How to Day-Trade Stocks

Two brokers looking at a computer screen on the floor of the New York Stock Exchange.
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Stock day-trading is an activity in which you buy and sell the same stocks on the same day, so that you have no stock positions in your brokerage account at the market's close. You may hold your stock positions for minutes or hours, but never overnight. Certain tax rules apply to day-traders who meet Internal Revenue Service requirements. Day-trading requires a properly funded brokerage account, a trading strategy, disciplined money management and a thorough understanding of the inherent risks.

The Right Account

To begin day-trading stocks, you must have a brokerage margin account with sufficient cash in it to pay for your trades. In a margin account, you can receive loans from your broker covering up to half the cost of the stocks you buy. Your stock positions collateralize the loans. Normally, you would not want to day-trade stocks in a non-margined, or cash, account, because the Federal Reserve Board's Regulation T requires that you pay for a security before buying and selling it, a process called settlement that takes three days in the US. You avoid the three-day delay by using a margin account. However, if you have a large amount of excess capital, you can use a non-margin account, as long as you observe Regulation T.

Day-Trading Mechanics

There are no regulations that specify how to day-trade, but simply buying and selling stocks without a plan can be quite risky. Day-traders often rely on strategies tied to one or more technical analysis methods that help decide which stocks to buy and sell and when to execute trades. Normally, you sit at a computer and work with a trading program, or platform, that allows you to convert your technical analysis into purchases and sales in your brokerage account. To limit risk, you can set target prices at which you take profits and stop-loss prices at which you close out losing trades.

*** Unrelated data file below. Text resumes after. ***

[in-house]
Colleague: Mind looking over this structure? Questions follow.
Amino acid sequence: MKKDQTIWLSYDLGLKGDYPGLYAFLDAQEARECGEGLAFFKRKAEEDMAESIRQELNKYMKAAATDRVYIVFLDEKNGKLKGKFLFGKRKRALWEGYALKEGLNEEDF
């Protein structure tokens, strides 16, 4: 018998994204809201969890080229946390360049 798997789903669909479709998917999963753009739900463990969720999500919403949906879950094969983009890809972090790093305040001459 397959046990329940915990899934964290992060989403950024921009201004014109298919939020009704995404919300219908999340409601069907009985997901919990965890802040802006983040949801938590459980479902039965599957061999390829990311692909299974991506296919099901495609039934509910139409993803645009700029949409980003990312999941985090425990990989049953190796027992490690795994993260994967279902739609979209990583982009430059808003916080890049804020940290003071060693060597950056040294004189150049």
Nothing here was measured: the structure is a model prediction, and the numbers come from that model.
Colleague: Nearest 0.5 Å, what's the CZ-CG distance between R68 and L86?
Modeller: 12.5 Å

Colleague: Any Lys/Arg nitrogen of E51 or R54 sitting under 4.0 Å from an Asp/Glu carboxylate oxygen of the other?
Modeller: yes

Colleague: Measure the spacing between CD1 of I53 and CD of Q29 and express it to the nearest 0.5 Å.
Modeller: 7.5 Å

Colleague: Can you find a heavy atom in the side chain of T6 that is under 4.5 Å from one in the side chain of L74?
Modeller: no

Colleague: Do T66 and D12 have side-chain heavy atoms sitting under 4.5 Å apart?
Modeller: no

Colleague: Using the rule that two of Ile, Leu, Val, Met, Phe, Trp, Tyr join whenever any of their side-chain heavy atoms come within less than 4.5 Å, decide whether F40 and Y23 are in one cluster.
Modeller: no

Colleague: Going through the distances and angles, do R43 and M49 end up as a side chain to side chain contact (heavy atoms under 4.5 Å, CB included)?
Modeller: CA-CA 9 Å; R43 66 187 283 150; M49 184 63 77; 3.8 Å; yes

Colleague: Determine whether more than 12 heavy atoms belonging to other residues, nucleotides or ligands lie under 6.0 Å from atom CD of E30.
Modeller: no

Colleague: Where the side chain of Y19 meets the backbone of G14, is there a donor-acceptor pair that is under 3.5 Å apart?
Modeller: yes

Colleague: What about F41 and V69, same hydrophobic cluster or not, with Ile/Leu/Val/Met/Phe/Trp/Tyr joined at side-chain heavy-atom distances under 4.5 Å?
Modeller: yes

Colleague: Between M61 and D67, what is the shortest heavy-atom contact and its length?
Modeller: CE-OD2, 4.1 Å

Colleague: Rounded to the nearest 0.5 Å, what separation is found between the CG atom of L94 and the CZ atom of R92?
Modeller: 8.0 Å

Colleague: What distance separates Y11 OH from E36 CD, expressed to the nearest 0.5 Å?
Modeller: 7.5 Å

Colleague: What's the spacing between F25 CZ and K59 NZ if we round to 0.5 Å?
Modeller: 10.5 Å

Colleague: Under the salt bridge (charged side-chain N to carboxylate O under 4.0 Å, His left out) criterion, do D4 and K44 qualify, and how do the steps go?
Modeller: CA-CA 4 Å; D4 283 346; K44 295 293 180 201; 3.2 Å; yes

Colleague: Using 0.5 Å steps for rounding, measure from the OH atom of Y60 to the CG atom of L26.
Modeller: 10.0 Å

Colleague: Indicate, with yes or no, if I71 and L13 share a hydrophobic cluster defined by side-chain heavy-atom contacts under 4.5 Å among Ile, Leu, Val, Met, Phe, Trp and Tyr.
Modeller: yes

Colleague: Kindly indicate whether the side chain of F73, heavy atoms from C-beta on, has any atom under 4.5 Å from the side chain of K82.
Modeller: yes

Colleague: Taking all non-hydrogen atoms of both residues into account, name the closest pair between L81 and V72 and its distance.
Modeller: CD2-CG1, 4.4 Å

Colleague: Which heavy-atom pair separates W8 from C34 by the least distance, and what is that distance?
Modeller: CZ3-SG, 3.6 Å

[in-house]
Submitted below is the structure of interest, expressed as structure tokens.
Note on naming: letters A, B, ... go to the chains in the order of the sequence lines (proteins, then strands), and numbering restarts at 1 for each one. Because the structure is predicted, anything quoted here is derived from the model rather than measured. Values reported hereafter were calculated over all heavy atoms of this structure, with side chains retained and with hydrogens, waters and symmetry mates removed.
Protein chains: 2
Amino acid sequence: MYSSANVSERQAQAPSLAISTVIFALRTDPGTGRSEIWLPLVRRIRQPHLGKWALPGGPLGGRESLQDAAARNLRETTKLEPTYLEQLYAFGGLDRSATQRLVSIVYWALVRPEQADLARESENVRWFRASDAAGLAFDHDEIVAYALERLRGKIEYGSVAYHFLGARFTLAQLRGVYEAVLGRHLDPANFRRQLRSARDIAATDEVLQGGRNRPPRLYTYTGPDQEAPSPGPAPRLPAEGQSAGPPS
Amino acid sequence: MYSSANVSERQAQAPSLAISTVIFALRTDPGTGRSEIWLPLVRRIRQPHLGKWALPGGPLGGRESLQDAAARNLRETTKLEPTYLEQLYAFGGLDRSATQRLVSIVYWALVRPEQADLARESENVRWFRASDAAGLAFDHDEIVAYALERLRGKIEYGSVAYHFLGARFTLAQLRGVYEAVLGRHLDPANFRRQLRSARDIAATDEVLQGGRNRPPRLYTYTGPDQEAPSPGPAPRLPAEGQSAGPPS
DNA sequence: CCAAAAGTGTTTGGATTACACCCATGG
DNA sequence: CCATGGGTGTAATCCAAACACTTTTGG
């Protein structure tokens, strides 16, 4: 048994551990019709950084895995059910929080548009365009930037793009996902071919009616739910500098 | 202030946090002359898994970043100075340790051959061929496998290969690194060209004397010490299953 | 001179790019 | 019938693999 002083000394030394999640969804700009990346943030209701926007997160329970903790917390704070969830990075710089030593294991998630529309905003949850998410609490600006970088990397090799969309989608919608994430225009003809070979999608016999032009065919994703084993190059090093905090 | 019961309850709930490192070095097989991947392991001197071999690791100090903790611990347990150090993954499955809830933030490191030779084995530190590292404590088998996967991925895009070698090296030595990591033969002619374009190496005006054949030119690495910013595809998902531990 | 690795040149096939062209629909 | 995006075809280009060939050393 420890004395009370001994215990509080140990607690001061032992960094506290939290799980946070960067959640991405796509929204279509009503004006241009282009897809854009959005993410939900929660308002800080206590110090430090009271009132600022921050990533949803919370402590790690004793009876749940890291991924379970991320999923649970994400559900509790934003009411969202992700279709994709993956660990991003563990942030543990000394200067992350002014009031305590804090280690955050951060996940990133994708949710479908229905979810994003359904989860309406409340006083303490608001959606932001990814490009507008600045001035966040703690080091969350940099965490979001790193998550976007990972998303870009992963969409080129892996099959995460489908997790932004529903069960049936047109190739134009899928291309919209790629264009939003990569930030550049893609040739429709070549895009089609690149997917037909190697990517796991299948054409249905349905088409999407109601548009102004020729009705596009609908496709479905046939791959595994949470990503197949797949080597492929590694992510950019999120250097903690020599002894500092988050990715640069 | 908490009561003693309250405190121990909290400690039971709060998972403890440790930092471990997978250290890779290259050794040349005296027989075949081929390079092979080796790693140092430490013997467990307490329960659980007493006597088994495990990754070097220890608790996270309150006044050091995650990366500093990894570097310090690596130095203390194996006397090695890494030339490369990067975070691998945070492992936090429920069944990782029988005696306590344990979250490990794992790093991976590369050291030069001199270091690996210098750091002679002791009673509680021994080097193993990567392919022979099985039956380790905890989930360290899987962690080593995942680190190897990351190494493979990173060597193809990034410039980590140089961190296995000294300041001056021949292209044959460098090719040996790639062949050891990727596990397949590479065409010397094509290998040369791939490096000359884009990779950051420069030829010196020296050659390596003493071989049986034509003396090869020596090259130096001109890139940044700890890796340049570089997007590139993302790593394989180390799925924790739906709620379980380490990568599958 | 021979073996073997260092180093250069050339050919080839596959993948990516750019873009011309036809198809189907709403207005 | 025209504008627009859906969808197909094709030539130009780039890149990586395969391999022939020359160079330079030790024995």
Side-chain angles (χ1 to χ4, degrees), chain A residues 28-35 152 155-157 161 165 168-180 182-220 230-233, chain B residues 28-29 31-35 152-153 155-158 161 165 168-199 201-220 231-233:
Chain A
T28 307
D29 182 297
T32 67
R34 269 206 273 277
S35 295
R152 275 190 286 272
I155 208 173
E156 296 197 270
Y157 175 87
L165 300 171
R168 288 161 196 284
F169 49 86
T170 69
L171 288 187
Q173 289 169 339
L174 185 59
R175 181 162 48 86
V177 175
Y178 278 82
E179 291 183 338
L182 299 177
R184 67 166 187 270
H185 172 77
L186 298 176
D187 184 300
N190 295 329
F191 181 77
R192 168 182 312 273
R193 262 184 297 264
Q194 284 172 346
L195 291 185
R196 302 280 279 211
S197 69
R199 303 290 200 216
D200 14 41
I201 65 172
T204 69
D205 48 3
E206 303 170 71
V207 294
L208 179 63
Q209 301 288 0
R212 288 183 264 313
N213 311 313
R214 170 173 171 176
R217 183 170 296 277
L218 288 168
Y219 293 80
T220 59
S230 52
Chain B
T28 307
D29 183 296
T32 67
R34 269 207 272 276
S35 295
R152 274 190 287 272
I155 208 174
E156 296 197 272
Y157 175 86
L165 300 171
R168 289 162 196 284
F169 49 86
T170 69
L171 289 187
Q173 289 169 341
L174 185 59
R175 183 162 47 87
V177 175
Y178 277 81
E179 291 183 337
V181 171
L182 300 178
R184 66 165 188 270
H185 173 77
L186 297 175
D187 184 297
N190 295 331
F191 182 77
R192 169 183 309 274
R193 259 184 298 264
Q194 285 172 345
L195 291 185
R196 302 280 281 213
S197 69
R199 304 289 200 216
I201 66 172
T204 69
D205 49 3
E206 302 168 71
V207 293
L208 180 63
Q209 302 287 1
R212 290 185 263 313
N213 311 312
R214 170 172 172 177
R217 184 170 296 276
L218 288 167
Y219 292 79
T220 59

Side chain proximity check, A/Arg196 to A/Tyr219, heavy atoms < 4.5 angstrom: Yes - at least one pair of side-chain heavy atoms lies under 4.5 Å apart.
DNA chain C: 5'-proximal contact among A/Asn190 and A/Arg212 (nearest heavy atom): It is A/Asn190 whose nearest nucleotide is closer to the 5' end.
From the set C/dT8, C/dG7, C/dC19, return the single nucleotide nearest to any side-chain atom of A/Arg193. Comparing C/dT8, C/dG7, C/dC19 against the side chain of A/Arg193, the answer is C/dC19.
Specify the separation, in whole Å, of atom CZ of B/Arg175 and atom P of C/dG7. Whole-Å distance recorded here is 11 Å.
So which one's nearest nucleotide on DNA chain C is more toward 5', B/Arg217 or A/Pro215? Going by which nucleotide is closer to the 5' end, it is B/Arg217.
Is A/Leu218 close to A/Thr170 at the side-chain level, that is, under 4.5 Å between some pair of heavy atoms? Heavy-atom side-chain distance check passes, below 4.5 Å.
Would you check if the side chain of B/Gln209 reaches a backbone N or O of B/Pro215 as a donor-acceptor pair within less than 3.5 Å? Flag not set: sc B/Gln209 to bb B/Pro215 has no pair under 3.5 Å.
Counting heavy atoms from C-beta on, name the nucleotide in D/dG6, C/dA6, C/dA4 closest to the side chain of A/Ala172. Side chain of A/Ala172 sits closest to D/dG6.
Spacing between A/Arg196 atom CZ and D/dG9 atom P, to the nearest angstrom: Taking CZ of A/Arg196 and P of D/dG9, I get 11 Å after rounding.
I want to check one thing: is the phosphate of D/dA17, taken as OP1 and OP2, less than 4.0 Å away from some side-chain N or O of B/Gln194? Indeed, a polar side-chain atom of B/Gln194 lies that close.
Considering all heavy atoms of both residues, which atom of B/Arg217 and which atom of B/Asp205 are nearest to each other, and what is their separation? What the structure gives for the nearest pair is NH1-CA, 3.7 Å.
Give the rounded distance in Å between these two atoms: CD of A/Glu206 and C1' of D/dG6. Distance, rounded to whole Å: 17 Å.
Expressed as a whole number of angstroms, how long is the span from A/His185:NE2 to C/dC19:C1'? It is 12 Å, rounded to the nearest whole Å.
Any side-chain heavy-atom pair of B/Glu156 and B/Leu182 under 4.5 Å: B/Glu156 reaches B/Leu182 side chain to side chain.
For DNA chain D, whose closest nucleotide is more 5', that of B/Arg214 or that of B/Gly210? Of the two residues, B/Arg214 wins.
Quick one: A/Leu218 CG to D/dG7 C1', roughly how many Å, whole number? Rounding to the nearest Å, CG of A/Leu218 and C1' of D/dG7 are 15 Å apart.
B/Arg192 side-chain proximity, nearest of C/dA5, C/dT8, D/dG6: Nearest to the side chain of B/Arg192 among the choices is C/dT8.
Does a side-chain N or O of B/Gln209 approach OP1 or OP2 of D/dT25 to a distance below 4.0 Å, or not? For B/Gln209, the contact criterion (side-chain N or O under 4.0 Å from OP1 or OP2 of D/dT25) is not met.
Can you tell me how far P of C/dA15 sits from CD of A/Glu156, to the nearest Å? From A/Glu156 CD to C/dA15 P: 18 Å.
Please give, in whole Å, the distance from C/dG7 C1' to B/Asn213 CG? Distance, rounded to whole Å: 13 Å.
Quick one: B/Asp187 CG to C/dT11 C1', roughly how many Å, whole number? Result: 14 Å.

Pattern Day-Traders

Anyone with a brokerage margin account can day-trade, but to take advantage of IRS tax breaks, such as exclusion from the wash sale rules, you must become a pattern day-trader, which the IRS defines as someone who: seeks profits from daily price movements of traded securities, such as stocks, bonds and futures executes at least four day-trades within five business days. These trades must represent more than 6 percent of your total trades within the account over this time period. * performs this activity regularly and continuously In addition, the Financial Industry Regulatory Authority requires that you maintain at least $25,000 in cash and securities within your day-trading account. Pattern day-traders who elect mark-to-market accounting -- in which you recognize all your gains and losses before the end of the year -- can treat their gains and losses as business income, which allows them to deduct certain expenses and take better advantage of certain losses.

Day-Trading Is Risky

A study in the April 2000 issue of The Journal of Finance[http://faculty.haas.berkeley.edu/odean/papers%20current%20versions/individual_investor_performance_final.pdf] uses academic research to reach the conclusion that frequent trading is the result of overconfidence and is hazardous to your wealth. This doesn't mean you won't be successful as a day-trader, but it should help you set your expectations and take steps to control your risks, including limiting the size of any one trade, using stops to cut losses early, learning from your mistakes and exercising discipline in whatever strategies you choose to follow. In general, day-traders should be prepared to suffer severe financial losses.

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